African marsh harrier

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African marsh harrier
Circus ranivorus.jpg
Conservation status
Scientific classification
Kingdom: Animalia
Phylum: Chordata
Class: Aves
Order: Accipitriformes
Family: Accipitridae
Genus: Circus
Species: C. ranivorus
Binomial name
Circus ranivorus
Daudin, 1800
Circus ranivorus distribution.png

The African marsh harrier (Circus ranivorus) is a bird of prey belonging to the harrier genus Circus. It is found in southern, central and eastern Africa from South Africa north to South Sudan with a vagrant record from Nigeria. It is particularly common in the Okavango Delta in Botswana (Simmons 1997). It is usually found in wetland areas, especially those with reeds, but also occurs in grassland and farmland where it forages.

African marsh harrier, KwaZulu-Natal

The adult is 44 to 49 cm long, with females being about 30% heavier than males (Simmons and Simmons 2000). Adults, (like the male bird right) have yellow eyes, but brown eyes when immature. Both sexes are mostly brown with pale streaking on the head, breast and forewing and rufous on the thighs and belly. Adult males differ from females in that they have a pale grey wash to the dorsal secondaries and primaries. The female's are brown. The juvenile is dark brown and may have a pale breastband and pale markings on the head. The tail and flight feathers have dark barring at all ages, but this is rarely visible in the juvenile birds. It is usually silent but the male has a high-pitched, two-note display call, and only the female has the far-carrying pseeew-pseeew food and copulation call during breeding.

It feeds largely on small mammals such as the striped mouse Rhabdomys pumilio and also takes birds and frogs and carrion.

Unlike many harriers it is monogamous and remains on the breeding territory for most of the year. In the southern Cape birds leave for a few months post-breeding, returning in May–June. The nest is usually built in a reedbed, sometimes well above the water and two to four white eggs are laid from July to November. All eggs start out with a blue wash allowing newly laid eggs to be identified.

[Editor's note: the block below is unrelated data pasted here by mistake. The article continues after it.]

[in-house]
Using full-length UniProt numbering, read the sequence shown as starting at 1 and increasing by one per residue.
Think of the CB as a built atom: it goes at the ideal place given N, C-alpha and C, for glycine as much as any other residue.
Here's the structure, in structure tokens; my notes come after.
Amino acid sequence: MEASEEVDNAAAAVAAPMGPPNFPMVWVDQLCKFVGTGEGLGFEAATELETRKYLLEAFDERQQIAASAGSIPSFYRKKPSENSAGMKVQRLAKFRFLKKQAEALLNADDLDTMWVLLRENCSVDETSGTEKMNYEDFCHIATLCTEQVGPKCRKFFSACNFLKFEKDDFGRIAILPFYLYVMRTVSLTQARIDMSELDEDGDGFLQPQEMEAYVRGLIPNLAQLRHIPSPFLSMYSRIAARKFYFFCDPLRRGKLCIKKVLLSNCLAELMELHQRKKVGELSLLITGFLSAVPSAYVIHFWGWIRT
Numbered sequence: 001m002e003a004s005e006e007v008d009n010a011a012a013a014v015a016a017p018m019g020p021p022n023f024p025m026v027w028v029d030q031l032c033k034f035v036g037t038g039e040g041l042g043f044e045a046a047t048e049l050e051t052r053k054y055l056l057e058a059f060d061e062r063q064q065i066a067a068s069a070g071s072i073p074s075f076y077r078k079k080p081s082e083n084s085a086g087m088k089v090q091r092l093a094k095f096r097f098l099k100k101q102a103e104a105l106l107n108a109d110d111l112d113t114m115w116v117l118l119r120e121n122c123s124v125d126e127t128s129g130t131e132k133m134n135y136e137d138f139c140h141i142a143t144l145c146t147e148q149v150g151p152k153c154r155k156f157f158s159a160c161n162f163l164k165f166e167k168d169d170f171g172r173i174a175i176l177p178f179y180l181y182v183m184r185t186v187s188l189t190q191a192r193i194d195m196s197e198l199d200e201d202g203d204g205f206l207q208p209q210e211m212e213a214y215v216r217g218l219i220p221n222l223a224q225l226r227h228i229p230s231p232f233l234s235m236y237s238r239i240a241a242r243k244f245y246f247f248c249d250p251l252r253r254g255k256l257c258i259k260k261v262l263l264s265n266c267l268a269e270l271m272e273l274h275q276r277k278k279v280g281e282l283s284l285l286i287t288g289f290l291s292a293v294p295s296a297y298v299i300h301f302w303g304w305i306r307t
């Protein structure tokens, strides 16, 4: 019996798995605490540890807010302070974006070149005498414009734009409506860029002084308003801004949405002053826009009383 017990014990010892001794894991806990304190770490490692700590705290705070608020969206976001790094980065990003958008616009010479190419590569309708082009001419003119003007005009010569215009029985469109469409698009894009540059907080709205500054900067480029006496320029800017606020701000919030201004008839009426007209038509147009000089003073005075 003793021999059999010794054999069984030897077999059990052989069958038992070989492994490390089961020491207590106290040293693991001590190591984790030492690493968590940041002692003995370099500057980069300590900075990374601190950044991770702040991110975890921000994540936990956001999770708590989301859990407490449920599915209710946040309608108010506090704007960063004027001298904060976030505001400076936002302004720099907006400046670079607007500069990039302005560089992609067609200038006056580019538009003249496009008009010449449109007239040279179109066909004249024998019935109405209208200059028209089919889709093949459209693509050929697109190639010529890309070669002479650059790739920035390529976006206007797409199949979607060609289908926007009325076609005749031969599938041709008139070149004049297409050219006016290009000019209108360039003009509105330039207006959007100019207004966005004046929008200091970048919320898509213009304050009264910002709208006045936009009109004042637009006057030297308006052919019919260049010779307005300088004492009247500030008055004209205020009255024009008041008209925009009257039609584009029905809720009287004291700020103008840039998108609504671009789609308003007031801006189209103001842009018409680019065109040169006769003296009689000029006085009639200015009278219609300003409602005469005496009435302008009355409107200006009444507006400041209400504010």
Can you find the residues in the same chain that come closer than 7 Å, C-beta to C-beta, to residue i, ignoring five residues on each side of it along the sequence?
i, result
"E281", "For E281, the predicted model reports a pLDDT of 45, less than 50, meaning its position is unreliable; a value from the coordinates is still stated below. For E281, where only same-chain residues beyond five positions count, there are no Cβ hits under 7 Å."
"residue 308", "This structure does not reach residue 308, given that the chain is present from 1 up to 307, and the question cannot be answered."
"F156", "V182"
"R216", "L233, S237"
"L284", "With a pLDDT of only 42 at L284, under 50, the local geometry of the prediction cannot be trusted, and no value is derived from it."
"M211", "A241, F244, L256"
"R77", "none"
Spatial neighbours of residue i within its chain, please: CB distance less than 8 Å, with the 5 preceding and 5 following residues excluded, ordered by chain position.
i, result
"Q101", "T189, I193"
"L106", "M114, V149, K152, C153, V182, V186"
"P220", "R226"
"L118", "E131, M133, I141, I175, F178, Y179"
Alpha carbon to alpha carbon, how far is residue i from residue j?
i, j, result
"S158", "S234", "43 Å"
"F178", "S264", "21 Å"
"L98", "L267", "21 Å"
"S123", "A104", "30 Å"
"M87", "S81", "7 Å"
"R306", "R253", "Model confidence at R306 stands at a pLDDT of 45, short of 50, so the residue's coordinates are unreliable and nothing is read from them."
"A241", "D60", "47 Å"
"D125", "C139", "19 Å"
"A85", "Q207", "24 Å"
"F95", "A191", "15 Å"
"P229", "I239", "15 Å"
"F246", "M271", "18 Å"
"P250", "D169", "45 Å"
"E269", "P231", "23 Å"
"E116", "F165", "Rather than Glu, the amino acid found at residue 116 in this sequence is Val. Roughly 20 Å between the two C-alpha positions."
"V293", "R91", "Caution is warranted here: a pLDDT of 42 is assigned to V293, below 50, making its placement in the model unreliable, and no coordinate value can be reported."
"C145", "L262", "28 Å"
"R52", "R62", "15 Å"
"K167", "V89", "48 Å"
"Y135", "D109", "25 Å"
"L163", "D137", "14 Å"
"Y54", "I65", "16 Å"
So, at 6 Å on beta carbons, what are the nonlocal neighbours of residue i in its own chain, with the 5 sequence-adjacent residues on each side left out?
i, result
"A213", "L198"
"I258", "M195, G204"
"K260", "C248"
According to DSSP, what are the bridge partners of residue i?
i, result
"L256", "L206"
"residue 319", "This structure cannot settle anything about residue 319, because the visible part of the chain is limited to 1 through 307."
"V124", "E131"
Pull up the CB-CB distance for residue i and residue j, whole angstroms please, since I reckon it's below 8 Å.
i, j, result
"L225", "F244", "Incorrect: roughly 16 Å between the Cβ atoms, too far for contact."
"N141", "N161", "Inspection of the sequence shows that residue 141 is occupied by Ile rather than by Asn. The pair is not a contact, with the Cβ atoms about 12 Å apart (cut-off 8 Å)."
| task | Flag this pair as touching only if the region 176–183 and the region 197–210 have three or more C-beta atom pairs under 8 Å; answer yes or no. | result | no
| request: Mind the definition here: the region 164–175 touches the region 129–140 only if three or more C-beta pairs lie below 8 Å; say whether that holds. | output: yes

This species as a raptor that relies entirely on wetlands, appears to be in decline over large parts of its range. Wetland drainage is the biggest threat, and one pair requires about 100 ha of wetland (Tarboton & Allan 1984). Where wetlands remain, but are degraded, this species disappears.


  • BirdLife International (2006) Species factsheet: Circus ranivorus. Downloaded from on 20/2/2007
  • Roger Clarke (1995) The Marsh Harrier, Hamlyn, London.
  • Ian Sinclair & Peter Ryan (2003) Birds of Africa south of the Sahara, Struik, Cape Town.
  • Simmons R.E. (1997) African Marsh Harrier In: Atlas of Southern African birds Vol 1. Non-passerines. (Eds James Harrison, David Allan, Les Underhill, Marc Herremans, Vincent Parker, Chris Brown) Avian Demography Unit University of Cape Town.
  • Simmons R.E. Simmons J.R. (2000). Harriers of the world: their behaviour and ecology. Oxford University Press, UK
  • Tarboton W.R. Allan D. (1984) The status and conservation of birds of prey of the Transvaal. Tvl Mus Monographs No. 4. Pretoria South Africa.

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